What do I need to know about wine tasting? Here are some general tips for getting the most out of tasting your wine.

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Know your wines

In South Africa, wines carry a Wine of Origin Seal which certifies that the wine derives 100% from a particular area of origin, the name of which will be on the body label, together with the words “Wine of Origin”/W.O. The identification number, placed vertically on the Wine of Origin Seal

guarantees the following:

• Accuracy of claims in respect of origin, vintage and cultivar/variety. • Compliance with legal requirements, e.g. maximum SO2 content, sugar levels, etc.

• Approval of the wine’s quality and varietal typicality by a tasting panel of the Wine and Spirit Board.

What do I need to know about wine tasting?

Here are some general tips for getting the most out of tasting your wine. Wine should be consumed purely for enjoyment, but when tasting wine in order to assess it, here are some important aspects to bear in mind: Appearance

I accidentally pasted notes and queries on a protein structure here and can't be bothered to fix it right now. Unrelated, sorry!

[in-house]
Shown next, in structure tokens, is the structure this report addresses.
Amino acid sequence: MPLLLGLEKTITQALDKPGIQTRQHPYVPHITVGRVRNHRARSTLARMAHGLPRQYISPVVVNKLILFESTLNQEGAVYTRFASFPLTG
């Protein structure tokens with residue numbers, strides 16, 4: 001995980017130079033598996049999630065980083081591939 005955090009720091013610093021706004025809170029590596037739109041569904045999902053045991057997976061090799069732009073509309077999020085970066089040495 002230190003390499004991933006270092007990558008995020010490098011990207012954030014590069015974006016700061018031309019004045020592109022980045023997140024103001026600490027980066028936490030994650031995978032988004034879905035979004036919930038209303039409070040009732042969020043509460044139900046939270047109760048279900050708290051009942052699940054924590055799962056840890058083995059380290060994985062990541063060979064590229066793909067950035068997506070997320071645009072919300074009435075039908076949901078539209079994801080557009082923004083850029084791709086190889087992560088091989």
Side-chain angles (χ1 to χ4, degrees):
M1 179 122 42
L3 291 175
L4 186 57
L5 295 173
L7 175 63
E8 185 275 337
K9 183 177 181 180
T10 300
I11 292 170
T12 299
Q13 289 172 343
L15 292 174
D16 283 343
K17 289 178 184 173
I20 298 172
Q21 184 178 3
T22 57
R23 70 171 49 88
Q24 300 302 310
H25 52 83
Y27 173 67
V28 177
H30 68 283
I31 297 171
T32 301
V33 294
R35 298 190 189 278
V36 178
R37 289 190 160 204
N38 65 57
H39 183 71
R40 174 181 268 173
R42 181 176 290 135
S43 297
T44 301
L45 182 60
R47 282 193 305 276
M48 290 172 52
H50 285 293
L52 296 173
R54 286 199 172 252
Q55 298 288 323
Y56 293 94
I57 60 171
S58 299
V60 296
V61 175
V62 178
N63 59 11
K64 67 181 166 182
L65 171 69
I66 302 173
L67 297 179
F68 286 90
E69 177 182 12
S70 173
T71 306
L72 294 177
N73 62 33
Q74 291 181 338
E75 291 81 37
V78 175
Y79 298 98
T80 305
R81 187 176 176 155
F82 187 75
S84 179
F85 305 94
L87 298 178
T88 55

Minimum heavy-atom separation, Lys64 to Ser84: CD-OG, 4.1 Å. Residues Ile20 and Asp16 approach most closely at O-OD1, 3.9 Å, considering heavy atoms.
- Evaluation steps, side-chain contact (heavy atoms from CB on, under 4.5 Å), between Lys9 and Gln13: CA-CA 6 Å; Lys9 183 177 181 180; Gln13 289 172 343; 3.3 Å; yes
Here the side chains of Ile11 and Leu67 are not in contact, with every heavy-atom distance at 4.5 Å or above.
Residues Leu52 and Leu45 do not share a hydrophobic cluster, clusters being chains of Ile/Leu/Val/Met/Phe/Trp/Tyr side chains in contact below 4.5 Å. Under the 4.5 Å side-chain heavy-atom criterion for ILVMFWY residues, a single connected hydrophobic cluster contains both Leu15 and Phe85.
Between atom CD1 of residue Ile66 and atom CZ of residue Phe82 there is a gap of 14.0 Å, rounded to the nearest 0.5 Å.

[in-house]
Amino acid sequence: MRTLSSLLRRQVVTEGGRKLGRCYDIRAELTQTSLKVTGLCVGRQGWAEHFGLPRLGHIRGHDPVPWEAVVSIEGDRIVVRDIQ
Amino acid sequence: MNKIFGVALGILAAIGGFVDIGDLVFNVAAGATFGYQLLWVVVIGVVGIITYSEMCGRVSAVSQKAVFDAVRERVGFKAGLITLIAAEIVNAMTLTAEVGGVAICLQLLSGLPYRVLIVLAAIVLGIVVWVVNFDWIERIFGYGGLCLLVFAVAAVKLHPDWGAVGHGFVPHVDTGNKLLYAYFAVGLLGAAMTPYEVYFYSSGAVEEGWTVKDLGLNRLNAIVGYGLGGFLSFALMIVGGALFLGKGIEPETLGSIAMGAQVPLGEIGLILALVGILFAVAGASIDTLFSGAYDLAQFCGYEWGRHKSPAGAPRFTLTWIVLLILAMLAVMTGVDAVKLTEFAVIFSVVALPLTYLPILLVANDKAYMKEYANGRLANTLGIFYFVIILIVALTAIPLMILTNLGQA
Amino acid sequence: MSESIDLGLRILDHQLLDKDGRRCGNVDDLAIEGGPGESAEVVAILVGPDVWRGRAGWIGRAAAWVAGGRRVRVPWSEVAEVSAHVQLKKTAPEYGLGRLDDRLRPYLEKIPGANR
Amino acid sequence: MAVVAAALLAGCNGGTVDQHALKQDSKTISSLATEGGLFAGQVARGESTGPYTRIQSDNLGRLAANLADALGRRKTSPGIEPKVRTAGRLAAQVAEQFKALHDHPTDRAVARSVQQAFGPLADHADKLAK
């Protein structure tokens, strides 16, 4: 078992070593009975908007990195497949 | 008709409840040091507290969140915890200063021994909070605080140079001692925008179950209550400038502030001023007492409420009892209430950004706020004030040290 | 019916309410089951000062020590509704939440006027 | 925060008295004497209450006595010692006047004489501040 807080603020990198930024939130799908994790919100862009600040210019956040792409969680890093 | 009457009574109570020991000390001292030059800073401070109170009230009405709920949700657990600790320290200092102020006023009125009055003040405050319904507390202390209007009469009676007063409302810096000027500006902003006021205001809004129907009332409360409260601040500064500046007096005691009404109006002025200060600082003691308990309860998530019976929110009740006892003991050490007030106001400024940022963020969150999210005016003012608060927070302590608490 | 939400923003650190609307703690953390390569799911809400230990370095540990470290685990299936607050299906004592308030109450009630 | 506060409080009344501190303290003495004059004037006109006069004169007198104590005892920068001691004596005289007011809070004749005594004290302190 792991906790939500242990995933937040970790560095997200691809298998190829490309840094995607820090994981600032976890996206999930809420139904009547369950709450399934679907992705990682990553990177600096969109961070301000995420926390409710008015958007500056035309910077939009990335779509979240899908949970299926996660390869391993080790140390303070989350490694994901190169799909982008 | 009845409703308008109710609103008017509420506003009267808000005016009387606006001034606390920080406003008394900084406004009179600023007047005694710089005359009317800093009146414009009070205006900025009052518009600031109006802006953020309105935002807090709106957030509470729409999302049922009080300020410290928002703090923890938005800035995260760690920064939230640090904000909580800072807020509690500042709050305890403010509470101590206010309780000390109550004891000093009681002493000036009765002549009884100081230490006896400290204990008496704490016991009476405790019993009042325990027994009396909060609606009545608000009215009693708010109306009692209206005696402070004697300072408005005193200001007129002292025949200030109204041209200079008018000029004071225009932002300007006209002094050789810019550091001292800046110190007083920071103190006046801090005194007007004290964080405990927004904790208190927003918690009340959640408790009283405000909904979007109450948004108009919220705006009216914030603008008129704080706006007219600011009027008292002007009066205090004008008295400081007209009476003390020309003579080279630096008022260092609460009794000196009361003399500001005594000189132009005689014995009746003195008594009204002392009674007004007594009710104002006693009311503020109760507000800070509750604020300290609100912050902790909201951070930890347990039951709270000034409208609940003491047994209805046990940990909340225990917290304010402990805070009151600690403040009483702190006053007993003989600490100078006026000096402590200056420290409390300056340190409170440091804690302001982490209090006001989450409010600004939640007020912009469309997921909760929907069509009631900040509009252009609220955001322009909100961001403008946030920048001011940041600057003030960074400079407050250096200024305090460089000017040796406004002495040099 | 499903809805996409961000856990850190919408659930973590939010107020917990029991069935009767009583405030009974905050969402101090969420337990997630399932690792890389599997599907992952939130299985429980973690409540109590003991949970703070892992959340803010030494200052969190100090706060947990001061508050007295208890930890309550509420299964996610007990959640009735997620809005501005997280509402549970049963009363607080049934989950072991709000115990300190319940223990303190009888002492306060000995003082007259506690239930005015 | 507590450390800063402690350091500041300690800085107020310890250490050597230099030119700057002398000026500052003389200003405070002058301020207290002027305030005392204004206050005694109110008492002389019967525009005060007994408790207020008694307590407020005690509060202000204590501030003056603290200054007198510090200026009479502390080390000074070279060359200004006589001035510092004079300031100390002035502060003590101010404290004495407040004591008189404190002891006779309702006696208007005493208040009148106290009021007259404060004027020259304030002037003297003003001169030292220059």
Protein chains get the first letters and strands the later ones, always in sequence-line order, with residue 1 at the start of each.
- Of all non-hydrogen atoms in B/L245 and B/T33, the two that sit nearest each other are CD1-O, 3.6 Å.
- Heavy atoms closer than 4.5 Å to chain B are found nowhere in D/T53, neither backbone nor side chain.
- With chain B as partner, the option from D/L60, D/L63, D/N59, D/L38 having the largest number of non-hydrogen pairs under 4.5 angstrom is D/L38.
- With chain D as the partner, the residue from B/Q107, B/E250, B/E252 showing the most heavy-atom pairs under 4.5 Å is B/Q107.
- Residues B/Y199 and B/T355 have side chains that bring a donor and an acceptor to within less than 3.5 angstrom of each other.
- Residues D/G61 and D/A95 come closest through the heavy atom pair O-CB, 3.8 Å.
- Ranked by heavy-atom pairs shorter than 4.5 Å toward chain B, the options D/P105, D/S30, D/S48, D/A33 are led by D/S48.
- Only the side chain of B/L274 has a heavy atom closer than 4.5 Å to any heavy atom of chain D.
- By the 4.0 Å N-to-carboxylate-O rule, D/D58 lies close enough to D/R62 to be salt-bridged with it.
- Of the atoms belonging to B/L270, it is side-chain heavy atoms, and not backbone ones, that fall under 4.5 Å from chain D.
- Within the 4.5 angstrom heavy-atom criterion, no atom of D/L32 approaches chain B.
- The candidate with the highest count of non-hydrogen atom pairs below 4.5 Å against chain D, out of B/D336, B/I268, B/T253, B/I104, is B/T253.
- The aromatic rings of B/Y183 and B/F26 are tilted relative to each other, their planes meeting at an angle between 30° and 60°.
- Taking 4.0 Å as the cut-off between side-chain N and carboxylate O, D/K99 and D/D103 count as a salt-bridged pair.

By tilting the glass at a 45 degree angle and looking at the wine against a white background, you can learn a great deal about the age and quality of the wine. For example, a red wine with a garnet/brick-red appearance is well matured whereas one with a purple tinge is very young and

immature. The normal colour for dry, off-dry and semi-sweet white wine is straw-coloured with a hint of green. Straw or lemon coloured wine with a green tinge normally indicates a very young white wine, yellow-gold normally indicates a bottle-aged or older dry white, but a very old or oxidised white wine will be yellow-brown or old-gold in colour.

Clarity is important - the wine should be clear, bright and appealing without any cloudiness.


Also known as the wine’s bouquet, the nose is crucial as our sense of smell makes up about 75% of taste perception.

Swirl the wine in the bowl of the glass and concentrate on the initial impression of the first, quick sniff. Then swirl again and give a number of


short sniffs. You’re looking out for a clean smell without any off-odours and for flavours that the smell reminds you of. The classic noble wines, e.g. Cabernet Sauvignon, Rhine Riesling, Sauvignon Blanc, etc. produce their own individual aromas which can only be memorised by tasting and re-tasting good examples.